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The Collection of Olivia de Havilland

13 – 23 May 2023

When actress Olivia de Havilland met the formidable Queen of Warner Bros., Bette Davis, on the set of In This Our Life (1942), Davis' initial competitive instinct was to upstage de Havilland. She couldn't have been more surprised when de Havilland ignored her actions and approached Davis with self-confidence, playfulness, and warmth. From that point on, there was no rivalry between the two; instead, they became lifelong friends. Not your average Hollywood story. But then again, Olivia de Havilland was not your average Hollywood actress.

Dame Olivia de Havilland had the distinction of being a strong and spirited personality that, coupled with her grace and kindness, made her an anomaly in the cutthroat world of Hollywood. Born in Tokyo in 1916, de Havilland was brought to the United States when she was a child. Whether her feistiness was innate or developed because of this environment, it served her well during a life and career which brought about many challenges.

Acting was in the de Havilland blood; her mother was an actress and encouraged her daughters to perform in stage plays in their hometown of Saratoga, California. After catching the eye of Max Reinhardt, who cast her in a stage version of A Midsummer Night's Dream and then in the film version, de Havilland became an overnight sensation in Hollywood, even as she struggled with whether or not that was the trajectory to which she aspired.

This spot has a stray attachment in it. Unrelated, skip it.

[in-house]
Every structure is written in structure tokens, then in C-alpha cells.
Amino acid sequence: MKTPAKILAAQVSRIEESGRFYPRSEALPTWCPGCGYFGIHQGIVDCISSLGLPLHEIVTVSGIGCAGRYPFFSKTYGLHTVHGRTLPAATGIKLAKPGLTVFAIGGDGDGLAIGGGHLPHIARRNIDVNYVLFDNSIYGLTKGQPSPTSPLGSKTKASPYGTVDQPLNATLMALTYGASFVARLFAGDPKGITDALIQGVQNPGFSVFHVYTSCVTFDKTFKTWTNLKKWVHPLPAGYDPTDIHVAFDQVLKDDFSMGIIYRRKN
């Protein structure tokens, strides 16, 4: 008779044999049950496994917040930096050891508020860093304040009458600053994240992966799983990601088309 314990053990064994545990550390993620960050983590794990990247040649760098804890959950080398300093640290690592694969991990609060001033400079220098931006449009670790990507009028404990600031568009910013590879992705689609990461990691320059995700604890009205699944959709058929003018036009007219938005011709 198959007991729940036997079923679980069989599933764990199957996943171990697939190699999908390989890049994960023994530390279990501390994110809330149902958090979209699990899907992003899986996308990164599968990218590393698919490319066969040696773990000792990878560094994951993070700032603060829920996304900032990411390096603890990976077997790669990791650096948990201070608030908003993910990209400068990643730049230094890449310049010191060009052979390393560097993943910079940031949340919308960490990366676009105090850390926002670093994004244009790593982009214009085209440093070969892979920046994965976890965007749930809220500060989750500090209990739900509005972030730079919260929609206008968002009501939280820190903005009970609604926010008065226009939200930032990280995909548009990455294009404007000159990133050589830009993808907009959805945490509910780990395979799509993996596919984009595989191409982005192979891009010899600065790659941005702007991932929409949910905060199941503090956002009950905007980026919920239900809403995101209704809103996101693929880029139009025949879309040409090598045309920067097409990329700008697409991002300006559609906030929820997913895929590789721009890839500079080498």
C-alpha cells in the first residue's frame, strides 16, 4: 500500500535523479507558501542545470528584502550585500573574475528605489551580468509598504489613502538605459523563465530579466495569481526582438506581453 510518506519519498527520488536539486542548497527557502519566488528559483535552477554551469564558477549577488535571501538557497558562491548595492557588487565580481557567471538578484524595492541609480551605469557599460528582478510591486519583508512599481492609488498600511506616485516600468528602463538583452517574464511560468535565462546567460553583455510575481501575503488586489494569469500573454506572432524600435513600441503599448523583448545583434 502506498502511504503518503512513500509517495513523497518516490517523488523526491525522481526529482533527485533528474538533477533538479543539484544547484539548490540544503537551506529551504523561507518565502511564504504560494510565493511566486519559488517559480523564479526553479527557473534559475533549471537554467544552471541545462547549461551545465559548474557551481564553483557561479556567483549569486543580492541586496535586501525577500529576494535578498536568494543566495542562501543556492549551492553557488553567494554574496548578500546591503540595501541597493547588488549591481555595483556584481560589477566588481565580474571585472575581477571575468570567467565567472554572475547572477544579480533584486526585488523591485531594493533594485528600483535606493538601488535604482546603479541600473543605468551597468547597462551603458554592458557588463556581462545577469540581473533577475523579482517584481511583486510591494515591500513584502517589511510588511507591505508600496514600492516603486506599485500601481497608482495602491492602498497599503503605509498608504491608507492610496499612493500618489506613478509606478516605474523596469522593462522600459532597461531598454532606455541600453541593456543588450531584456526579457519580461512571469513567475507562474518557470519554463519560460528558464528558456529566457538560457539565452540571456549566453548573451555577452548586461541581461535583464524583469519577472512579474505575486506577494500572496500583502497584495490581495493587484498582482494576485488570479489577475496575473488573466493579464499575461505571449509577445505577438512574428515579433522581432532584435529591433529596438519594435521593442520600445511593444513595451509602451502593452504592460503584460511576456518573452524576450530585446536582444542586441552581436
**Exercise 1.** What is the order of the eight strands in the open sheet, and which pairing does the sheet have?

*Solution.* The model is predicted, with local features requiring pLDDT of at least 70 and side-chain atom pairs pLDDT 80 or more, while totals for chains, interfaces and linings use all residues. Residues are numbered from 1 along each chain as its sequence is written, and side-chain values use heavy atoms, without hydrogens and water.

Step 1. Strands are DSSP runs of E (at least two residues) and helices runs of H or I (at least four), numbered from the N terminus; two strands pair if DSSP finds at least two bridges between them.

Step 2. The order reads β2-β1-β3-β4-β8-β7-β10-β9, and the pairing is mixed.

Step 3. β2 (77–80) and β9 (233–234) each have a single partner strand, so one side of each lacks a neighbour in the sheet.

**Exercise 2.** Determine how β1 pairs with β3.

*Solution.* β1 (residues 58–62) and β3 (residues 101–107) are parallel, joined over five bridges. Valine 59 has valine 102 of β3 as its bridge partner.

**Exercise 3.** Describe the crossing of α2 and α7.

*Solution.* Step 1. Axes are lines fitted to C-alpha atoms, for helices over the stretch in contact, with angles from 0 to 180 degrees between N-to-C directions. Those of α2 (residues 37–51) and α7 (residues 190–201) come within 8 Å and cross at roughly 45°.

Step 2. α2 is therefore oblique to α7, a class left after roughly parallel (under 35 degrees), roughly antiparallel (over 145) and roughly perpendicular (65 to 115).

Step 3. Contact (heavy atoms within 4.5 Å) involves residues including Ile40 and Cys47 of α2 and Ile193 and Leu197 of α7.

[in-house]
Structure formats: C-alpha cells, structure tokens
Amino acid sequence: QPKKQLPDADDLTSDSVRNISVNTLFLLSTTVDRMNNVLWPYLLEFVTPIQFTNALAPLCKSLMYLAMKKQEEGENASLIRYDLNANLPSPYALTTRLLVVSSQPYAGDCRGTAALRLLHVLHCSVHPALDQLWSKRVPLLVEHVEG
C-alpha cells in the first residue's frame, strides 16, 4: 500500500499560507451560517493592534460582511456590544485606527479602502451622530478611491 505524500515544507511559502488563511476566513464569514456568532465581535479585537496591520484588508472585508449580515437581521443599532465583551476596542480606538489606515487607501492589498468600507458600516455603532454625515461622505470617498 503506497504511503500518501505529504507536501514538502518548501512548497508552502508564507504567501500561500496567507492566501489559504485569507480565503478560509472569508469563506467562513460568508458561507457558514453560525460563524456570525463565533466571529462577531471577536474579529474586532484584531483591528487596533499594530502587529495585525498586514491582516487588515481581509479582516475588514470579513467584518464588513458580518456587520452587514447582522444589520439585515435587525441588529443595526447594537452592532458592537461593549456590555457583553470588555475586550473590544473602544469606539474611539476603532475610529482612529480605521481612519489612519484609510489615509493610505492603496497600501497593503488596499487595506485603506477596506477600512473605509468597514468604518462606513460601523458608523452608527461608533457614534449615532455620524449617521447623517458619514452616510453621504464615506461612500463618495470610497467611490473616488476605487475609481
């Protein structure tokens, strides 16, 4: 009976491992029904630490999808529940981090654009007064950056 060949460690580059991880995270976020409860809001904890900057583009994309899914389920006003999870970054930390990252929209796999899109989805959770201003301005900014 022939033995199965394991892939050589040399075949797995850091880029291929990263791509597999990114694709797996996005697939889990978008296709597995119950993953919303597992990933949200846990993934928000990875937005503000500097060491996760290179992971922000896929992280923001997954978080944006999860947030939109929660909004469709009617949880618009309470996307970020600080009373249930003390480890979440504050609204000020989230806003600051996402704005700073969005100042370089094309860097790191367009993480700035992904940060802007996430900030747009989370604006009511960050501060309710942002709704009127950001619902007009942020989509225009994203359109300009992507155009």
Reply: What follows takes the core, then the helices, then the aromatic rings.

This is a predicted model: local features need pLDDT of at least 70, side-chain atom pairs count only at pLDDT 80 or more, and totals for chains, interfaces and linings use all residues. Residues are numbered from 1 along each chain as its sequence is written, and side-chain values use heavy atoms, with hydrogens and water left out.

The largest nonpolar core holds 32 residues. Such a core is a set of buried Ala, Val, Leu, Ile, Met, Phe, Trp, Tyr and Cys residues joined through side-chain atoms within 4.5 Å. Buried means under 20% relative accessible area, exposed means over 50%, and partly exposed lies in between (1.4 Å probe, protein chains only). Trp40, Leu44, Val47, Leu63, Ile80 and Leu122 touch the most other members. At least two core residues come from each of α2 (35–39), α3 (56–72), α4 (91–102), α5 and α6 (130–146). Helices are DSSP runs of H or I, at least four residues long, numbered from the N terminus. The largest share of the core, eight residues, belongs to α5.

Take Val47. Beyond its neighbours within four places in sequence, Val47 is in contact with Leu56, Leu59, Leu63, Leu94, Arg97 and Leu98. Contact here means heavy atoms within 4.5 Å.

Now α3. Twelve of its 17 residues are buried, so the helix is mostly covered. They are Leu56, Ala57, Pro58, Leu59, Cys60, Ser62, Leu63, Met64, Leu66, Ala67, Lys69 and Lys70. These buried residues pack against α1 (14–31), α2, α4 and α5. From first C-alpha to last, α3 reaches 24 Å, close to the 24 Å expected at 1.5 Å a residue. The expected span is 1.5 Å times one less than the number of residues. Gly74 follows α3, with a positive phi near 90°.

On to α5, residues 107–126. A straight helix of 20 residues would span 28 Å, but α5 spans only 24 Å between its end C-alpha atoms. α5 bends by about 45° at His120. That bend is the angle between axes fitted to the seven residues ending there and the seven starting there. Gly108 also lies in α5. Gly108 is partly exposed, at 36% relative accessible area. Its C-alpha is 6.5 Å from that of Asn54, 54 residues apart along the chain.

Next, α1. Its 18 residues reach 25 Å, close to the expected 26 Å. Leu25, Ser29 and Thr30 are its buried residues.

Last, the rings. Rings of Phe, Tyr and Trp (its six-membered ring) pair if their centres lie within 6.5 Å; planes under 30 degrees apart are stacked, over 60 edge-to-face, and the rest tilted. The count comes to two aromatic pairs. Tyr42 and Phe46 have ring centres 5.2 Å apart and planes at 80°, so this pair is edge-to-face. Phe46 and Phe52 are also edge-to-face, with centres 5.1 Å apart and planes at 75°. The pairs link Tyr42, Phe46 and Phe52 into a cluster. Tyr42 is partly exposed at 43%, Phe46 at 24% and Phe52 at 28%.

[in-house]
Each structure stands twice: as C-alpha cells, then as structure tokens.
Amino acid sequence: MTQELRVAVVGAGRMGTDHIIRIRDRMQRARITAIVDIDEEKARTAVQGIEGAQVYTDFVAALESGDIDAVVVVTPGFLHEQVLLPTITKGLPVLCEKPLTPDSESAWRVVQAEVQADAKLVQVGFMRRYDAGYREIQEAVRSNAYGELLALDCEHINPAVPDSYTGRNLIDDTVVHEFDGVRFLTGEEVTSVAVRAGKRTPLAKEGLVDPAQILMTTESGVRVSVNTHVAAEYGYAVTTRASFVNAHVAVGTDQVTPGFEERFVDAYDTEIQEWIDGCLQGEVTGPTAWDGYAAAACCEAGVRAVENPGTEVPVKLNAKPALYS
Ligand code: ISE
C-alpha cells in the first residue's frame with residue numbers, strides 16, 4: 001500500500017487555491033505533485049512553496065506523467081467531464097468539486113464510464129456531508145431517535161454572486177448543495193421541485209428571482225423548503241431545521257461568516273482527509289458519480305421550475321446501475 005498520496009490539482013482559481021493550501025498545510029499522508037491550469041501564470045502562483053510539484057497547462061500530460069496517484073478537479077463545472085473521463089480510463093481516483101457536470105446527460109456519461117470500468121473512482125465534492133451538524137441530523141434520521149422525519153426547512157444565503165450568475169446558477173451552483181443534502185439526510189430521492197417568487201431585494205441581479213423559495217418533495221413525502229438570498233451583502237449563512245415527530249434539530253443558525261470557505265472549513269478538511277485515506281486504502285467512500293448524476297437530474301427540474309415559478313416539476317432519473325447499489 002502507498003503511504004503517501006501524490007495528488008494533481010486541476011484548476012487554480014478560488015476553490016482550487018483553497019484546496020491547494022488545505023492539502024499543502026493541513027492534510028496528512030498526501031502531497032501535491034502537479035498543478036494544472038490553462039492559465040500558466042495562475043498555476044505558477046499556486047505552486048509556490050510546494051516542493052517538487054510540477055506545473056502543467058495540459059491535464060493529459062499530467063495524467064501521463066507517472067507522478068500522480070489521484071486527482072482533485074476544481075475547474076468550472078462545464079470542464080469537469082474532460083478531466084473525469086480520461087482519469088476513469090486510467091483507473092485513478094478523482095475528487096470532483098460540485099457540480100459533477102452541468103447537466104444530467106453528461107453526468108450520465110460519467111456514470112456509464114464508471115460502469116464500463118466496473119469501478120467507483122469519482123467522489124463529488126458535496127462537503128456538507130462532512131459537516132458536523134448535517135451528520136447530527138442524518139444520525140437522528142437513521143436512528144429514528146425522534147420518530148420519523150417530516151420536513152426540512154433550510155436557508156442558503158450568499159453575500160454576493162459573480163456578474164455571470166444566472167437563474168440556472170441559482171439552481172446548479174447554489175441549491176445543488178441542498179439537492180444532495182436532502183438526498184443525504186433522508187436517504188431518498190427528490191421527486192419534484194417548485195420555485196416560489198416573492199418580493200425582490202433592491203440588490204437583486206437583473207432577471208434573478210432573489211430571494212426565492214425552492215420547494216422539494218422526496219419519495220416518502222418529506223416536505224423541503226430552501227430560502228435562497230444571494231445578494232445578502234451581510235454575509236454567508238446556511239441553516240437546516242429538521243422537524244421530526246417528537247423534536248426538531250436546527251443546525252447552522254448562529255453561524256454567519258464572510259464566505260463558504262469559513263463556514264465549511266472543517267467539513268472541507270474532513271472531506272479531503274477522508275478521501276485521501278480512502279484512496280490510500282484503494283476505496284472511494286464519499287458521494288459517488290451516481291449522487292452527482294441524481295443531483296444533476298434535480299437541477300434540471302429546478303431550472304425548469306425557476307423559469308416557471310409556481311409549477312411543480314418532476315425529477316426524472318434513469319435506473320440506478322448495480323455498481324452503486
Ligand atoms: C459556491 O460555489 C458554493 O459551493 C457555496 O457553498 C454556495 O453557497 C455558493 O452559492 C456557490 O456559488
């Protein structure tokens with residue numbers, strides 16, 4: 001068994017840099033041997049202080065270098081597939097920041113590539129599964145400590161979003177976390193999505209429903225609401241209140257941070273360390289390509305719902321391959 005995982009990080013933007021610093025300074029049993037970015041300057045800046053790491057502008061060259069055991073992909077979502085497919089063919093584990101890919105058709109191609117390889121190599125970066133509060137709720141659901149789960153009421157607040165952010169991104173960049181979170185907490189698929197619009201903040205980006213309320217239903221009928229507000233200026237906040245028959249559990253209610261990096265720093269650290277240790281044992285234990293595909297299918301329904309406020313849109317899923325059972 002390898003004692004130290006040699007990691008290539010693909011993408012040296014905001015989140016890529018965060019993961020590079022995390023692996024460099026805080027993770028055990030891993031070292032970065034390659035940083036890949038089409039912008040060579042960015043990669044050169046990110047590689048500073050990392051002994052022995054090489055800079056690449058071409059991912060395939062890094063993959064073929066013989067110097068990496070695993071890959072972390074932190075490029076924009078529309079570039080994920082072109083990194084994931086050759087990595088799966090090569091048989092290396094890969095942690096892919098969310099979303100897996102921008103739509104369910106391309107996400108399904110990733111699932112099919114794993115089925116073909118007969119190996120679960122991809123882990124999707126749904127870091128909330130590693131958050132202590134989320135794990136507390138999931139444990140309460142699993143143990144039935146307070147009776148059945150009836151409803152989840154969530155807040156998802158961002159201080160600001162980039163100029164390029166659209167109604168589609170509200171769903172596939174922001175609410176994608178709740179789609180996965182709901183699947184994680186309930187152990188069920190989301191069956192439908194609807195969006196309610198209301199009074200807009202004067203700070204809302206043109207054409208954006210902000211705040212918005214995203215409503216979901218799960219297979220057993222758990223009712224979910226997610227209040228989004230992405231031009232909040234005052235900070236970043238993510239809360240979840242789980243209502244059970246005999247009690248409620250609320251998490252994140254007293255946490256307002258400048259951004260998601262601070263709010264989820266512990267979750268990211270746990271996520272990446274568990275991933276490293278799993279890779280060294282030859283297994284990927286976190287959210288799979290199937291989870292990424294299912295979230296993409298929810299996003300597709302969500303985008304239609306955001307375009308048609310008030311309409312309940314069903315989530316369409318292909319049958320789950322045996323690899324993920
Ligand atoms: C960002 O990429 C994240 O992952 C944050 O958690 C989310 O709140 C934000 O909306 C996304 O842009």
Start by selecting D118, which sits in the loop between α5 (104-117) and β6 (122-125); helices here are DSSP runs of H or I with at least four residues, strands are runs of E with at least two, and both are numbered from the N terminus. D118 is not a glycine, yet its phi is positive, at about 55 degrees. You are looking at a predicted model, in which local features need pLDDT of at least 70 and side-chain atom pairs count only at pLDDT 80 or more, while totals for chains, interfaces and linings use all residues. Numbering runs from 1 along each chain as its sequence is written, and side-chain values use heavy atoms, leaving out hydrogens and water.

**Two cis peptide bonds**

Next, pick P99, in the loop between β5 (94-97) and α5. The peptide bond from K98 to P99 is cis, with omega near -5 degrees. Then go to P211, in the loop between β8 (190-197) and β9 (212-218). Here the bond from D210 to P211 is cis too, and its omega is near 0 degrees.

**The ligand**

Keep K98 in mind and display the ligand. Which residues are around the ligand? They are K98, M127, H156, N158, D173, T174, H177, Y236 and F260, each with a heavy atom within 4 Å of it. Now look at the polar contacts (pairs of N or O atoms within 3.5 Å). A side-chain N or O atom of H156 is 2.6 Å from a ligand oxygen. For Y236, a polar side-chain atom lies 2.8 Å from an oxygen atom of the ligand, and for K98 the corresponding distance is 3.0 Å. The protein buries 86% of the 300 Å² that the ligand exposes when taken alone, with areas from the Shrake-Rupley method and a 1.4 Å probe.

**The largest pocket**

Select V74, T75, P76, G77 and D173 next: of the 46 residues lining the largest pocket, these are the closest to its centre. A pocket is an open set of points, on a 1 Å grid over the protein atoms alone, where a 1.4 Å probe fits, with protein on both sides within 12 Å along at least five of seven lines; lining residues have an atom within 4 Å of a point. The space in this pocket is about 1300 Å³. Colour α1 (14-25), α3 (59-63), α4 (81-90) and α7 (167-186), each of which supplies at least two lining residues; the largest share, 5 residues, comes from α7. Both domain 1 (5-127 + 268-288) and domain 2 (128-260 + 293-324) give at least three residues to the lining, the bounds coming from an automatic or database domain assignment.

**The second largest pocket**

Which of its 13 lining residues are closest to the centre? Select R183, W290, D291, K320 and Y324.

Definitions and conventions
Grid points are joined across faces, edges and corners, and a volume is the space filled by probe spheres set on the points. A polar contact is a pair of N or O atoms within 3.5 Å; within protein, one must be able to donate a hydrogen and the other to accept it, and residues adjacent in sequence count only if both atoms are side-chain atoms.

Almost immediately, she was paired with another newcomer at Warner Bros., Errol Flynn. Together they made eight movies, and made film history with their dazzling on-screen chemistry in such films as Captain Blood (1935), The Charge of the Light Brigade (1936), The Adventures of Robin Hood (1938), and others. At the same time that she was experiencing this success, she was feeling restricted by her Warner Bros. contract which limited the depth of her roles and forbade her participation in stage plays. Every time she took a suspension, her seven-year contract was extended, a seemingly vicious cycle that saw no end in sight to her contractual obligation.

A mere six years after her first major film role, de Havilland appeared in producer David O. Selznick's Civil War epic, Gone with the Wind (1939), believed by many to be the greatest movie ever made. On loan from Warner Bros. to Selznick, she was subsequently nominated for a Best Supporting Actress Academy Award and is best remembered for this role as the sweet but steely Melanie Hamilton Wilkes. One would think that there was no place to go but down after this fast track to stardom, but de Havilland was a force of nature who had only scratched the surface of her talent and fortitude.

In the years that she was dealing with the restrictions of her Warner Bros. contract, de Havilland became more and more frustrated. She decided to take on the studio by filing a lawsuit, something Bette Davis had previously tried and in which she failed to succeed. In the historic 1943 case, de Havilland won the suit which became known as "The de Havilland Decision." She felt it was one of her greatest professional accomplishments, as it paved the way for performers to have creative freedom and avoid being locked in never-ending contracts. She paid the price for her perseverance by being virtually blacklisted for the next few years, during which she used her time to contribute to the World War II effort and other philanthropic endeavors.